Uncle Sam has given the best of the wedding. A vase of Simon Pearce is divine, but pales in comparison with married filing tax rates jointly and unlimited tax deduction marital property.
Unfortunately, despite representing the same level of love and commitment, same-sex couples do not receive these gifts from Uncle Sam.
Financial planning for same-sex couples is fraught with difficulties. Few states provide rights to same-sex couples, and among those who do, the rights are not uniform. (See below). The federal government refuses all marriage rights to same-sex couples, although that may change soon. Because of the many gray areas, like all couples need financial planning, especially with children. Plans should the intentions of the couple is very clear in case they are challenged. Should also be reviewed frequently to keep up with legislation.
Given the complicated variation among states, in motion or travel can be very treacherous. If you live in the state who were married or if you travel a lot out of state, some key movements of planning can ensure that your relationship and your intentions are respected.
In general, hospitals allow visitation rights to spouses and other relatives. If the state does not recognize their relationship, their partner is not considered a member of the family. He or she will therefore be denied visitation rights and ability to make medical decisions on your behalf.
To avoid this, run a power, allowing your partner to act as its agent in the health and financial matters. Although it may be inconvenient, you should bring a copy when traveling. Do not assume that the agreement will be respected in other states, especially if it is very different from the energy of this state of a lawyer, however, this documentation should help the healthy partner to present their case to the hospital staff.
The states that allow same-sex marriage or provide the equivalent often have rights to surviving partners of intestacy. These allow one, if not all, of the deceased partner's property to pass to the surviving spouse, even if the deceased has not executed a will. However, a state that does not recognize the relationship does not have these rights. If you die without a will in one of these states, your partner will not be provided to your estate. Your property rather spend his biological family based on the laws of the state.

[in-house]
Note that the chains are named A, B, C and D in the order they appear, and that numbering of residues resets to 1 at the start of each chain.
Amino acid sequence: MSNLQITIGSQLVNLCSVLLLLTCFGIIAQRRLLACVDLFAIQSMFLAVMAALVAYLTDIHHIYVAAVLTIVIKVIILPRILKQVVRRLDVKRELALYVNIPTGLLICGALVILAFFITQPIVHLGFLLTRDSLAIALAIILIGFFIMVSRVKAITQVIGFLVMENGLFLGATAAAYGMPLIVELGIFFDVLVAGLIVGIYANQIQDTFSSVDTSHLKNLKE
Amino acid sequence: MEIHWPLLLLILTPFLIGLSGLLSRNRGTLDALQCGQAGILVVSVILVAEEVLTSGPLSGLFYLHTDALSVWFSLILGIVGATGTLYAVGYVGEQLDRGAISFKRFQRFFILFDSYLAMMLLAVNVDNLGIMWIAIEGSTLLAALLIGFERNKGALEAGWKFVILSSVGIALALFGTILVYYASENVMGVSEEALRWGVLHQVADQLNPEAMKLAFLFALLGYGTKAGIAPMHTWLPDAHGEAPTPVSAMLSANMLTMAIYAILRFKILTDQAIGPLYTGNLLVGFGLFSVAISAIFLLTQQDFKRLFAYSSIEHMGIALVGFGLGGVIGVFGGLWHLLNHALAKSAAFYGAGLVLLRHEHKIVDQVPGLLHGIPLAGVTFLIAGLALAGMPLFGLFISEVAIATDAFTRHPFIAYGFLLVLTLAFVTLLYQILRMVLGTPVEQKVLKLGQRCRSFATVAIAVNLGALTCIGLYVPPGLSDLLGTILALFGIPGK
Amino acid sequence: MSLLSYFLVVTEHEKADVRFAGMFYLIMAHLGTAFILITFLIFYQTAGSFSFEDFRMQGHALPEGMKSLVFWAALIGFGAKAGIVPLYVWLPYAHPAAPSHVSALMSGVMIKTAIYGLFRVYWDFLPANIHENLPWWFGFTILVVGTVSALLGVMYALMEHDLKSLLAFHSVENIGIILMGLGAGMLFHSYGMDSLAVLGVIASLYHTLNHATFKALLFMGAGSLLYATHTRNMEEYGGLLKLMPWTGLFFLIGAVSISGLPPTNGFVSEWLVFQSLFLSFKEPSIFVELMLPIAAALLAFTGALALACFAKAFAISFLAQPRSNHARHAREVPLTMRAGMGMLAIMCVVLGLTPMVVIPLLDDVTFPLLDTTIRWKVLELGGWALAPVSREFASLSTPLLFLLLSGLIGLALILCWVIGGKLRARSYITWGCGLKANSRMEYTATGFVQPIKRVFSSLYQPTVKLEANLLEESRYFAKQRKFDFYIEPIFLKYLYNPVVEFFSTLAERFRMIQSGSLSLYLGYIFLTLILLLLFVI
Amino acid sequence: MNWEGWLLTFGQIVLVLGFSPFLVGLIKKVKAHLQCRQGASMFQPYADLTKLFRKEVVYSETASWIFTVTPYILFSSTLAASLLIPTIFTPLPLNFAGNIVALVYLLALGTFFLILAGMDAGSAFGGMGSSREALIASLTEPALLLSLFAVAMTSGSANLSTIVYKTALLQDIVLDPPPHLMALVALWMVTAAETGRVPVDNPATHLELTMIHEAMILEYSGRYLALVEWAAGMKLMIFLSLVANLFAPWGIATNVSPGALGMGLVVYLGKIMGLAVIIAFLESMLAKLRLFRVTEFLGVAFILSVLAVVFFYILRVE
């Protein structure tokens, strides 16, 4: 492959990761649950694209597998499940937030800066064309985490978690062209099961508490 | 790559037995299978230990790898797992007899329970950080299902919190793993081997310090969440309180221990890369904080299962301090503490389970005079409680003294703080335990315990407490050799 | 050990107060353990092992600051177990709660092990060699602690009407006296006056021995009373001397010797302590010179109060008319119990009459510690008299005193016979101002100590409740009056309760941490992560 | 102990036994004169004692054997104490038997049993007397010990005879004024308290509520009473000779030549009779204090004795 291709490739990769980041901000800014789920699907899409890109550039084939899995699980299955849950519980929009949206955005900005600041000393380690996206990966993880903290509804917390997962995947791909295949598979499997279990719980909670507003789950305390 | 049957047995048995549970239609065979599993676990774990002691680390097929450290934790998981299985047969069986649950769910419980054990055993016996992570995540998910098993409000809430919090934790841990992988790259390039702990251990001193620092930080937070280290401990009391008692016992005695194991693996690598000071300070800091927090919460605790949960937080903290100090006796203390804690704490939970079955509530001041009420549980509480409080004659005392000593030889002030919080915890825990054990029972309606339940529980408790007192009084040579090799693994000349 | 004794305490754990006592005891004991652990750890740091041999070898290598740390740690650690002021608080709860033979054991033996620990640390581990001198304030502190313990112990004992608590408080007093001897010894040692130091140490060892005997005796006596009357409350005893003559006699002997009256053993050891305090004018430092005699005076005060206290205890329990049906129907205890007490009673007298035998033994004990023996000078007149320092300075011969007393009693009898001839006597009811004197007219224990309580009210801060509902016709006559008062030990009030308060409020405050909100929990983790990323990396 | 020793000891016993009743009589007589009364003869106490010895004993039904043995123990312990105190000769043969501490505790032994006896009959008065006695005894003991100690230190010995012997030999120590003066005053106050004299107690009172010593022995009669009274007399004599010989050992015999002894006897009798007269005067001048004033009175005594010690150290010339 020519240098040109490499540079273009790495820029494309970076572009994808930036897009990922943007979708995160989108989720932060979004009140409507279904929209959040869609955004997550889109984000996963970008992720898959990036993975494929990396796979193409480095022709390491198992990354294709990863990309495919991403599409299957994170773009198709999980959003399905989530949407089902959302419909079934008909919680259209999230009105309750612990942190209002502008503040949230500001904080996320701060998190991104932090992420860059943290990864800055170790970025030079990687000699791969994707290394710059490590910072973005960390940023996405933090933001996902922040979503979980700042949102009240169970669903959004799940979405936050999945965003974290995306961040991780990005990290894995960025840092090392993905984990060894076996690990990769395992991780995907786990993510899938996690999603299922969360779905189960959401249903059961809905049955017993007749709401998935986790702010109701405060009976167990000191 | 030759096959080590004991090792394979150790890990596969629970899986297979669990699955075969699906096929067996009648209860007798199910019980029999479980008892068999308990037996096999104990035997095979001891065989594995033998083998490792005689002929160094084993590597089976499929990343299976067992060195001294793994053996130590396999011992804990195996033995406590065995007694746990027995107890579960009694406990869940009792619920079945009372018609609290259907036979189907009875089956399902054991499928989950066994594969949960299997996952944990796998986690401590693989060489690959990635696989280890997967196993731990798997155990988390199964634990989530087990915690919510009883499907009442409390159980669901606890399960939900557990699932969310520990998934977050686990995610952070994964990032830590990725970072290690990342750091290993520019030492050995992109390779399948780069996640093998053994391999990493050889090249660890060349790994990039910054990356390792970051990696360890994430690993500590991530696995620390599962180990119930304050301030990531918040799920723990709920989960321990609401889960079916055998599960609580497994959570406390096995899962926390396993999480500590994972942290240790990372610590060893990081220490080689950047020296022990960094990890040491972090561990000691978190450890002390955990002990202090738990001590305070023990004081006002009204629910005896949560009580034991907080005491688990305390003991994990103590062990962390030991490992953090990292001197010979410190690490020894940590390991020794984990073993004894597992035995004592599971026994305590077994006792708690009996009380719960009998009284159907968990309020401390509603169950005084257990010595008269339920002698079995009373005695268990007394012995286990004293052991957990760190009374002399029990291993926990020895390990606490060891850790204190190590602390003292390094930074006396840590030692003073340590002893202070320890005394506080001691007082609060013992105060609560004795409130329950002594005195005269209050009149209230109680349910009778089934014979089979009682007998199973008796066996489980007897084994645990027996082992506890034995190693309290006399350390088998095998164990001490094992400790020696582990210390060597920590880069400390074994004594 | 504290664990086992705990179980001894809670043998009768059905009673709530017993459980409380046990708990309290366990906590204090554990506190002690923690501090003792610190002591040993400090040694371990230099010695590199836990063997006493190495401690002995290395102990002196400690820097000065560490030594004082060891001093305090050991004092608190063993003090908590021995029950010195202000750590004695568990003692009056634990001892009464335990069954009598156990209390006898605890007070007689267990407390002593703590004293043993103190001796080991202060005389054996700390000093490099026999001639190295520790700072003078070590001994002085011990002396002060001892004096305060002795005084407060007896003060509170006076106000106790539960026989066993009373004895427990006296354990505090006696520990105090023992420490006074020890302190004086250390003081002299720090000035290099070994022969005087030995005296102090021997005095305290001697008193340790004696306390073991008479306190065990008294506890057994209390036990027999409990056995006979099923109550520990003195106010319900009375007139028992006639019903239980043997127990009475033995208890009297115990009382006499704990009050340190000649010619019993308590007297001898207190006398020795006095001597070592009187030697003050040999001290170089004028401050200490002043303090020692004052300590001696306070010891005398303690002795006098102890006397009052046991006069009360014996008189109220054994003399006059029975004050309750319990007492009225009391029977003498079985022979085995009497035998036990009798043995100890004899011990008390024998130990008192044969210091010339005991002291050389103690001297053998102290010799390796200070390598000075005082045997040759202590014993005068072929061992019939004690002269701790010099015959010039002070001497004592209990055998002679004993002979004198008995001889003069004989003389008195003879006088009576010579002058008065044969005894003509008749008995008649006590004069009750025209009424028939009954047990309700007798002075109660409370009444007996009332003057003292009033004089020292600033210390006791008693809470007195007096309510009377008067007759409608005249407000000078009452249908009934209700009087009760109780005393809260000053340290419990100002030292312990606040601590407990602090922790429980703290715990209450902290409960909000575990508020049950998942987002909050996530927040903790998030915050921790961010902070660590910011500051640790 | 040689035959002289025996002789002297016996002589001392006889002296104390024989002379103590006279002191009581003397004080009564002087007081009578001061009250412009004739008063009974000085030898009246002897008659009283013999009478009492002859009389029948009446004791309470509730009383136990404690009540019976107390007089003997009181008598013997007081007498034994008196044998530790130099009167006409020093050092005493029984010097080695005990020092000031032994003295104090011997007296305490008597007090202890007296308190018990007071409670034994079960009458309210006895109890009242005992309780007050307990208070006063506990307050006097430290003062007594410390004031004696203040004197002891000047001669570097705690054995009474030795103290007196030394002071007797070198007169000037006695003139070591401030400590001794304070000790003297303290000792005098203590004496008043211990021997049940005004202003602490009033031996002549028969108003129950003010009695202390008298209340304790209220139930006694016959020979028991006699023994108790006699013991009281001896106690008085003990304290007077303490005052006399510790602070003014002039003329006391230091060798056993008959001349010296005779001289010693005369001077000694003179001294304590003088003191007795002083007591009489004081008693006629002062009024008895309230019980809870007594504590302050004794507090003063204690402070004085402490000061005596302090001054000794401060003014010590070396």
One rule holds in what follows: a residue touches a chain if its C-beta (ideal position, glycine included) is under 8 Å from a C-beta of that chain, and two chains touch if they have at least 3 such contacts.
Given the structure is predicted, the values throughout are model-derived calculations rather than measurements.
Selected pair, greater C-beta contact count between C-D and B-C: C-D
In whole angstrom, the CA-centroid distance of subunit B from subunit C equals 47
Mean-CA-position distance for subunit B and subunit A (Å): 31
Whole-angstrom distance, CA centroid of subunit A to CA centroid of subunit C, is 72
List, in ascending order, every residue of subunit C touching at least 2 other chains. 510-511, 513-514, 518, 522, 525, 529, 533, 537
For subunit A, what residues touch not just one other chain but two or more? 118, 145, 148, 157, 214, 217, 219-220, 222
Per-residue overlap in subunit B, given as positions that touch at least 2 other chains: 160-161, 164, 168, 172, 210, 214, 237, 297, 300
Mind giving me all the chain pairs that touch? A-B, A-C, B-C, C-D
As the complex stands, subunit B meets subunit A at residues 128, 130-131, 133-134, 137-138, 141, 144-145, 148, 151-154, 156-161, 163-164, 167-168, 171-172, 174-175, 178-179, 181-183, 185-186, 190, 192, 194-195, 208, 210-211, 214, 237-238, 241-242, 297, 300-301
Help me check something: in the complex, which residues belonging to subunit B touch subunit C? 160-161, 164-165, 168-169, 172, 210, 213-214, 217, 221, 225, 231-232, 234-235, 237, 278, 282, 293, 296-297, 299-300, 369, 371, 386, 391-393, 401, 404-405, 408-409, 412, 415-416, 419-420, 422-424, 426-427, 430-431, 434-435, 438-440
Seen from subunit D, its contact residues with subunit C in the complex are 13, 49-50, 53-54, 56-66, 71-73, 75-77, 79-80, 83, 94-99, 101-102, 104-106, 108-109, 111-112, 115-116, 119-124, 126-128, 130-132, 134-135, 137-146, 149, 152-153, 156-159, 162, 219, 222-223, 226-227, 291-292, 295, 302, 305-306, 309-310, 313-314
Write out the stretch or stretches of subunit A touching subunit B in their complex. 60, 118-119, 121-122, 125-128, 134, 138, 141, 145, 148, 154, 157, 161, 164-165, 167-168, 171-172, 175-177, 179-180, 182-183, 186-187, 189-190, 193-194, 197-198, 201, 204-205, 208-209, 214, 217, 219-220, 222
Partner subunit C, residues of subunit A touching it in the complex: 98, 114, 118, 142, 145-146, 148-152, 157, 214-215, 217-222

The first defense against this is to have a will that gives her partner and their children. Make sure your family are aware of how you would like your property to be distributed after his death to avoid surprises and potential competition. You may want to include positive statements about why you decided to leave the property to his partner rather than their biological family.
You may also have assets outside your will, whenever possible. Retirement accounts, life insurance and trusts to pass to beneficiaries outside the probate courts. Titling property in joint ownership with right of survivorship allows the survivor to inherit jointly owned property.
Your will should also make clear its intentions with regard to burial arrangements and your partner should be given possession of his remains after his death. Usually, the deceased is given to relatives. If a same sex partner is not recognized, the survivor is not considered a member of the family. He or she will not be granted authority over the body and disposition. Historically, courts have respected the intent of the deceased and therefore it is important to have the support of his last wishes.
States that allow gay unions usually do not allow biological parents to sign a child's birth certificate as the father. However, this does not necessarily provide all the rights of parents, especially in states where the relationship is not recognized. Adoption by non-biological parent is a potential solution. This is particularly important in the case of a medical emergency and intestate succession. Without the adoption, the non-biological parent may be denied the right to make medical decisions for your child or to visit the child in the hospital. If the biological parent dies intestate, the non-biological parent can not be granted custody of the state. Also, if the non-biological parent dies intestate, the child may be eligible to inherit from him or her.
When you execute estate planning documents, same-sex couples have less margin for error as heterosexual couples. You do not want the legitimacy of documents to be questioned. If they overturn the laws of the state is not likely to create the desired result. Therefore, choosing a financial planner and team attorney who is familiar with the laws on same-sex couples. In addition, documents and plans must be reviewed frequently to keep abreast of the legal environment is very dynamic.
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